This school year I am focusing on giving those final, lasting gifts to my daughter, who is a high-school senior, that she can carry with her when she leaves home for college. Where do I begin? Like so many times on my parenting journey, I follow the clues my children unknowingly leave me to know which step to take next. It's truly the work of the Holy Spirit, guiding my motherhood.
Recently, my 17-year-old daughter abruptly left the kitchen for the living room during a family gathering. Rather than engage with her and risk an argument in front of guests, I left her sulking on the couch and took a walk with her grandparents. After we all said our good-byes, I told her I wanted to know what was upsetting her. She returned to the couch and folded her arms angrily in front of her chest.
"I want some respect," she responded in an exasperated tone.
I wanted to reply, "Well, join the club," but I asked her to explain. She revealed that it was only the summer before her senior year and she already felt overwhelmed by too many questions about her next stage. Of course, the inquiries that afternoon had come lovingly from caring family and friends who didn't mean to interrogate her.
Which universities have you visited? Where do you want to college? What do you want to major in?
It didn't help her that I jumped into the pool of questions, splashing around my own opinions on a school and hinting my hopes where she gets accepted, although it may not be her first choice.
Tips to detour too many questions
At that point, I promised her that I would act more supportive.
I gave her a few tips, such as she can kindly give brief responses. If the curiosity continues on too long, she could courteously change the subject.
The situation was normal, I assured her. I recalled the recent college tour when an admissions counselor told parents that their students will feel a lot of extra pressure in their senior year. Simply remaining aware of that reality and showing our children respect can decrease their stress.
Parents can offer encouragement and support, especially during the upcoming holiday season when family and friends may be tempted to delve too deeply into a child's future. In other words, where my daughter goes to college doesn't need to be the only topic during the Thanksgiving dinner.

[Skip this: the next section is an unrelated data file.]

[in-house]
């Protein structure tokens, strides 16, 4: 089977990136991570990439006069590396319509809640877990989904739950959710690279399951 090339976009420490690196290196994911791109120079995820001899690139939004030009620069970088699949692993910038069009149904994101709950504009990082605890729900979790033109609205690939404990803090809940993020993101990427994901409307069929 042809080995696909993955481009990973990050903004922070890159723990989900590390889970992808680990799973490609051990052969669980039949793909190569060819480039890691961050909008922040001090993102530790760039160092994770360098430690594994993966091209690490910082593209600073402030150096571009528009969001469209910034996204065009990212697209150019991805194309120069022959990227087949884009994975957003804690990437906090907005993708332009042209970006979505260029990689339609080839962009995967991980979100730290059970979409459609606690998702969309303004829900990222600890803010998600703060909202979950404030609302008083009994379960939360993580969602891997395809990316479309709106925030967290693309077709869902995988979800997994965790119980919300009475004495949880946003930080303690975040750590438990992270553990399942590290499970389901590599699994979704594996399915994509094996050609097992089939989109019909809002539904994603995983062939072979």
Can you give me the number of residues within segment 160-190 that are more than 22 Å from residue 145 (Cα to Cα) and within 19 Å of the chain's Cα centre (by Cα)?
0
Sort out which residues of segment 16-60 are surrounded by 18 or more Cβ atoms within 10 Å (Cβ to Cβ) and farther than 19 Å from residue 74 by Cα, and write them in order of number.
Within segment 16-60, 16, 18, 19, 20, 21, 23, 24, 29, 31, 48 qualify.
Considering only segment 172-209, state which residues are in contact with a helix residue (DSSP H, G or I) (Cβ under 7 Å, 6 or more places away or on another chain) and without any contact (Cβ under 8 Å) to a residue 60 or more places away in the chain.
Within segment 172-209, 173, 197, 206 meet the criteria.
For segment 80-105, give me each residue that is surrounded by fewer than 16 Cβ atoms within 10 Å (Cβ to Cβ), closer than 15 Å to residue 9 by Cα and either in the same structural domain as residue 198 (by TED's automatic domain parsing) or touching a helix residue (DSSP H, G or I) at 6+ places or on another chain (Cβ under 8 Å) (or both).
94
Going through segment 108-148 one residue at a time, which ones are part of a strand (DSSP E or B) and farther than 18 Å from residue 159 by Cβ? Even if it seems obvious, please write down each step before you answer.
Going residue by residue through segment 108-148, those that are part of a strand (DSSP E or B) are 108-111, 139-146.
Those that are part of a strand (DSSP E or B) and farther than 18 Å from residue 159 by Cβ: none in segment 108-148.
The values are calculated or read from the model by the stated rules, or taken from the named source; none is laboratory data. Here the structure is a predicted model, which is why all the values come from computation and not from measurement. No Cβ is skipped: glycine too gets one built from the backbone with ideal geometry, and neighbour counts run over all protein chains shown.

Mutual respect is a gift for parents & children
In one parenting book that I treasure, 10 Best Gifts For Your Teen by Patt and Steve Saso, respect is described as the first gift to raising teens with love and understanding. Respect is "the foundation of successful parenting."
The word respect comes from the Latin word "respectare." It means "to look again."
The husband-wife authors suggest that parents look at their daughter or son, not for their behaviors or actions that may cause irritation and anger, but for the person inside, the person that God made with love.
In a situation with your teen that brings difficulty, we can model respect in two ways. First, instead of scolding my daughter, I gave myself a time out before I asked her why she was upset. The walk gave me the chance to talk to my daughter with respect - to look at her again. I chose to seek an understanding of my daughter's behavior, rather than to blame or retaliate.
Secondly, I calmly, clearly, and non-judgmentally stated my expectations. "Don't leave the room suddenly when I am talking with you or you have company. It's not okay to do that."
In other heat-of-the-moment situations, I firmly state, "Don't talk to me that way. It's not okay to speak to me in that tone of voice." By addressing a challenging situation in ways that display respect, a parent models appropriate behavior, claims parental authority, and sets the limit.
It was helpful for both my daughter and me that we talked about the situation and came up with a solution, a plan, for her senior year, filled with many questions and unknowns.
Respect is the foundation of all healthy relationships. Both parent and teen want and need respect. We are all children of God. Respect is a gift I hope to continue to give my teen until her graduation day and beyond.
Copyright 2015 Kim Seidel
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